Two new firms win PSAs in Belize
Treaty Energy Corp., Houston, entered a 50:50 joint venture agreement with Princess Petroleum Ltd., a Belize firm engaged in exploring, developing, and producing crude and natural gas.
OGJ Oil Diplomacy Editor
LOS ANGELES, May 3--Treaty Energy Corp., Houston, entered a 50:50 joint venture agreement with Princess Petroleum Ltd., a Belize firm engaged in exploring, developing, and producing crude and natural gas.
This follows earlier reports Northern Spirit Resources Inc., Calgary, entered two production sharing agreements (PSA) with the government of Belize.
Princess Petroleum is part of the Princess Group International, which is engaged in the development of hotels, casinos, and other real estate ventures throughout South America, the Caribbean, and Europe.
Princess received one of 17 concessions from the government of Belize to explore for oil and gas, and as part of the joint venture will have exploration rights on 2 million acres, of which 1.8 million acres are offshore.
As part of its due diligence, Treaty said it completed a satellite survey of the entire concession and is targeting a 10,000-acre area in the south central part of Belize to spud its first well. The site is off the southern highway, which Treaty said provides “quick access to ports in Punta Gorda and Belize City.”
Treaty engaged a geoscientist to go to Belize this month for soil samples and other studies to select the first well site. Treaty plans to spud its first well no later than July 1.
The Northern Spirit Resources venture is for an initial term of 2 years with three successive renewals of 2 years each and relinquishment of 25% of the original contract area at the end of each 2-year period.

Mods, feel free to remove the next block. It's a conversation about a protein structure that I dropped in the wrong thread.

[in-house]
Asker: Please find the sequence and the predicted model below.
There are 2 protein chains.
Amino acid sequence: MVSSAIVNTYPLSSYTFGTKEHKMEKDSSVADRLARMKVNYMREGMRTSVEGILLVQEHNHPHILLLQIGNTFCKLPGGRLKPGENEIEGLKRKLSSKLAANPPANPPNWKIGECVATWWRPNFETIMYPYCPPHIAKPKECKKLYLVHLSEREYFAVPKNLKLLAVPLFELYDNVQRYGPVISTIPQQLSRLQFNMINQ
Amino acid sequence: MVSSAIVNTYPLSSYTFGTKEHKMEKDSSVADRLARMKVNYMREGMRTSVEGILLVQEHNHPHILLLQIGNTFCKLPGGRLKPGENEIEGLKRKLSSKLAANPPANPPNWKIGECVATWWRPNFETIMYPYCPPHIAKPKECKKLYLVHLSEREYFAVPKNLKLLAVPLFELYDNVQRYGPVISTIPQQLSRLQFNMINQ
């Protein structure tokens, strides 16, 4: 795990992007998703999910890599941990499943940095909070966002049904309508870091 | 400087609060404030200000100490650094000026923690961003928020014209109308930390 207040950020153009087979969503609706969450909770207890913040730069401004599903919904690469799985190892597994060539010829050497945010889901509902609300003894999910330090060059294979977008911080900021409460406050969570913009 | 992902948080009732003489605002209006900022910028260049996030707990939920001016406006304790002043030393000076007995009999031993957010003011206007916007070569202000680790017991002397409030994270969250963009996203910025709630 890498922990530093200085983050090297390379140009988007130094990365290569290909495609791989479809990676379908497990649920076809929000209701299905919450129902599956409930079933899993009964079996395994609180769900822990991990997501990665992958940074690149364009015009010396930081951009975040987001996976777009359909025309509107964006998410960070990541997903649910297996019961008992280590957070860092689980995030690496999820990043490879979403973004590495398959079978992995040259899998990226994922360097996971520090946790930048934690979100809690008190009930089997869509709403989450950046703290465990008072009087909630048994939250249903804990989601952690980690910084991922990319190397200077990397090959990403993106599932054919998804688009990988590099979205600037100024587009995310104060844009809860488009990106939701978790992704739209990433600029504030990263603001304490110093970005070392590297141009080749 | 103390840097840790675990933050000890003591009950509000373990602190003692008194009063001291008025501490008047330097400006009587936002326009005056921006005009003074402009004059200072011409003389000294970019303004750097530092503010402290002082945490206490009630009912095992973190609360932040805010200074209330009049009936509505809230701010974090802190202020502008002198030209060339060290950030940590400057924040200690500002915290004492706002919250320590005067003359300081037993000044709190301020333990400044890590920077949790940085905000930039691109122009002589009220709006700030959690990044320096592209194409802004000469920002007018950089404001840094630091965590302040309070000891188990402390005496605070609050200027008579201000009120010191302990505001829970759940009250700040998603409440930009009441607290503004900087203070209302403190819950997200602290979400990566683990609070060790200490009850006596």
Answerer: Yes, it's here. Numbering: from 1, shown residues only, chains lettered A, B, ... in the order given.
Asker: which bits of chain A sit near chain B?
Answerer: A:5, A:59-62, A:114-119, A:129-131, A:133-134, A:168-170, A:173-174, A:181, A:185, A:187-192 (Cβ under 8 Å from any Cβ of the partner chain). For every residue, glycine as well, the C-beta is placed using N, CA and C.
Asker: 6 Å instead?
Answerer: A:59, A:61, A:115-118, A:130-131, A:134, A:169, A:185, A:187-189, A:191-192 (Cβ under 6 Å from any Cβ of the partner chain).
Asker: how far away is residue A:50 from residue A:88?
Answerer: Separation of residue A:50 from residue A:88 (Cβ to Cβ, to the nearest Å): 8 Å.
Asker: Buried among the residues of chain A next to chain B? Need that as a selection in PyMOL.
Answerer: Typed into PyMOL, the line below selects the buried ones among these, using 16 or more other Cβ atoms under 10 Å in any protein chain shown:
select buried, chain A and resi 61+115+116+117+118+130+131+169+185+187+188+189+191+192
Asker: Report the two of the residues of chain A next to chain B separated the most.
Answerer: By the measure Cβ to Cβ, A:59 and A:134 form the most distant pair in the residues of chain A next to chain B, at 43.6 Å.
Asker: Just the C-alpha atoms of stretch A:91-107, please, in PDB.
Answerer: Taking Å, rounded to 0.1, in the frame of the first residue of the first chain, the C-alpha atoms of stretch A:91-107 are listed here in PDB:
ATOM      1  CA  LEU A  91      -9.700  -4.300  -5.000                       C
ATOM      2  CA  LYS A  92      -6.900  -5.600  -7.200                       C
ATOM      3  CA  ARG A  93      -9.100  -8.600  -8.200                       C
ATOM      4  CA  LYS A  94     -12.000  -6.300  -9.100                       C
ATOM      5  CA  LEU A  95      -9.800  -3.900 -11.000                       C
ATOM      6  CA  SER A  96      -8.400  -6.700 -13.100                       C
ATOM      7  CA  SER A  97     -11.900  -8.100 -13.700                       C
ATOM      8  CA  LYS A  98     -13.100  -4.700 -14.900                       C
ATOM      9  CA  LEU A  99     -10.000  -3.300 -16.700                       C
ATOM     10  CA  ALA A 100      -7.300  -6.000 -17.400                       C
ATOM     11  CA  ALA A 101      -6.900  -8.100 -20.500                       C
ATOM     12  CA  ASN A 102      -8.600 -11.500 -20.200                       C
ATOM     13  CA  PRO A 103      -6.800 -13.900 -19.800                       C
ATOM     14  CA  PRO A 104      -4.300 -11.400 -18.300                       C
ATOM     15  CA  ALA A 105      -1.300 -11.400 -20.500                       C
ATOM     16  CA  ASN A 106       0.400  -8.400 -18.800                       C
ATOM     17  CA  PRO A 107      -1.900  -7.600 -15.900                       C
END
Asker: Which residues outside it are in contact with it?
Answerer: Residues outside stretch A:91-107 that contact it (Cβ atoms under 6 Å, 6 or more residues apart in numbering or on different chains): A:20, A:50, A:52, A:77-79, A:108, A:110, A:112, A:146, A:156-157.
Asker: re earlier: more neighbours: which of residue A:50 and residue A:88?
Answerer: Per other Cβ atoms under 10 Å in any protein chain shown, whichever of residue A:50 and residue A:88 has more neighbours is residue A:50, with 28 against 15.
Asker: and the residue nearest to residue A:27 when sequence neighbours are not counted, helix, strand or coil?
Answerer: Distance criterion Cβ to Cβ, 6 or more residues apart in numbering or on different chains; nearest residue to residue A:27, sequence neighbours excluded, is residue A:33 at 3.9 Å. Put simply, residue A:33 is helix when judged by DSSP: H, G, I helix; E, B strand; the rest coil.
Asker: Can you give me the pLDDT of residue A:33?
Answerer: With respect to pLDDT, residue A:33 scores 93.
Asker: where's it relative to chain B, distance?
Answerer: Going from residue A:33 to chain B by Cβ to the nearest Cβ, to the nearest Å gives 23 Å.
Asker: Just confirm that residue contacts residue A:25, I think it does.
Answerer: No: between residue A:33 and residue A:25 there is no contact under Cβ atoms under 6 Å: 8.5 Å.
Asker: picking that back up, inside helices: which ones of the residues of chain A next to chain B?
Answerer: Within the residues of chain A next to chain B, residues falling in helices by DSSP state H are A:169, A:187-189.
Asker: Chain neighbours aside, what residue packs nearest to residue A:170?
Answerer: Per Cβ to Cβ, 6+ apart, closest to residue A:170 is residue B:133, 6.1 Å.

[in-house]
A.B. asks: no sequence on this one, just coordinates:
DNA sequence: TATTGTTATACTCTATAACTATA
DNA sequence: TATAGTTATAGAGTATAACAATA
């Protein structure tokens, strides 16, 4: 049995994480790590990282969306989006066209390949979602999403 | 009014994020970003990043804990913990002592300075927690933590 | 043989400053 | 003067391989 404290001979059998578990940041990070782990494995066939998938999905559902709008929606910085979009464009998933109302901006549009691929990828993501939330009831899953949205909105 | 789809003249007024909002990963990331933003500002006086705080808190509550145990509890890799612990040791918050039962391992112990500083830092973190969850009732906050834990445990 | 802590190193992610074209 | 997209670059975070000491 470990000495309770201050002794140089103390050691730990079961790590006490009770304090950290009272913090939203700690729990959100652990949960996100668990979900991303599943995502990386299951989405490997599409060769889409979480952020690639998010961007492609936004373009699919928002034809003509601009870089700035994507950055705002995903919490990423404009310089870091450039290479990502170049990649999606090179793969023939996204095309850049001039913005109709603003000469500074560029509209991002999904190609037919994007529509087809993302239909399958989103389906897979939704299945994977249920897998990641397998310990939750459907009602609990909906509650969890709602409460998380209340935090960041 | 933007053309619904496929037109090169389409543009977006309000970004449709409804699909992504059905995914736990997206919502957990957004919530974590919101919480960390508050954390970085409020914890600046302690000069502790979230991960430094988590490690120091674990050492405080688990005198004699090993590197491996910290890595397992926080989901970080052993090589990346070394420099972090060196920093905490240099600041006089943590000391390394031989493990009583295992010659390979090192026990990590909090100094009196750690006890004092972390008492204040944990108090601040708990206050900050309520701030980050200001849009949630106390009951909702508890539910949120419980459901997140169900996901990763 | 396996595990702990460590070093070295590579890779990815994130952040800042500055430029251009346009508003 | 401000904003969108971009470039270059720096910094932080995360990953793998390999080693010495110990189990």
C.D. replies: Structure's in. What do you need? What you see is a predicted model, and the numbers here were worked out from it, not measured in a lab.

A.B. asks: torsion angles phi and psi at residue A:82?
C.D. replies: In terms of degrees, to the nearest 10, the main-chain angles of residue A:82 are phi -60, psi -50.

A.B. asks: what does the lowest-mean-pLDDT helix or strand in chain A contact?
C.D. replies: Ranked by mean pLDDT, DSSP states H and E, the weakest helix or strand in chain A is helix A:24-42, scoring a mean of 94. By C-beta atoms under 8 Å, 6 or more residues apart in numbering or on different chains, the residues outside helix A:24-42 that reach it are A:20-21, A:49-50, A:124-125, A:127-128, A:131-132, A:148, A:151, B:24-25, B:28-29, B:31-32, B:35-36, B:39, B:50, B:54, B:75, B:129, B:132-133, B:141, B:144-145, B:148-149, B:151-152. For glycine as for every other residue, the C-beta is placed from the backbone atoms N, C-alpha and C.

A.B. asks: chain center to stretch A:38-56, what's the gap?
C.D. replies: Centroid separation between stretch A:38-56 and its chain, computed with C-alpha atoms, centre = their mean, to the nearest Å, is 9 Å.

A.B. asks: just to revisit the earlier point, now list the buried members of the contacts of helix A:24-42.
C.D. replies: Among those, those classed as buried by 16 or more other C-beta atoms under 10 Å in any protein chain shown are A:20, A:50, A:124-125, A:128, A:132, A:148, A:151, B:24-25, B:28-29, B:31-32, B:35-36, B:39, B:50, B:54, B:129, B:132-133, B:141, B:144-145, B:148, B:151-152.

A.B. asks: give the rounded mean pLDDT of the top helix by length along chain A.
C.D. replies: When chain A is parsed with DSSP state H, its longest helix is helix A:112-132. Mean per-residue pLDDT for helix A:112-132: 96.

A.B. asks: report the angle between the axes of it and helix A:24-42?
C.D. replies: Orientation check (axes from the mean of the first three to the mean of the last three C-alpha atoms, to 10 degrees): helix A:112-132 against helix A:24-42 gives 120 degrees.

One of the two PSAs is comprised of 16 blocks covering 128,000 acres in northwest Belize near the borders with Guatemala and Mexico. The other PSA is comprised of 12 blocks in north-central and mid-western Belize.
Northern Spirit Resources is required under the agreement to spend $150,000 total for mapping and geochemical surveys; $400,000 to acquire, process, and interpret 30 km of 2D seismic; and $2.3 million to drill the first exploration well.
Subsequently, it would spend $500,000 each to shoot and interpret two additional 3D seismic surveys covering 12 sq km each. Another $2.3 million is to be spent to drill a second exploration well, while the cost of the third exploration well would increase to $2.6 million.
According to analyst IHS Global Insight, Belize is currently dependent on imports to meet its oil needs, but a discovery by Belize Natural Energy Ltd. and its partner Aspect Energy in 2005 raised hopes the country eventually may produce enough oil to cover domestic consumption.
Contact Eric Watkins at firstname.lastname@example.org.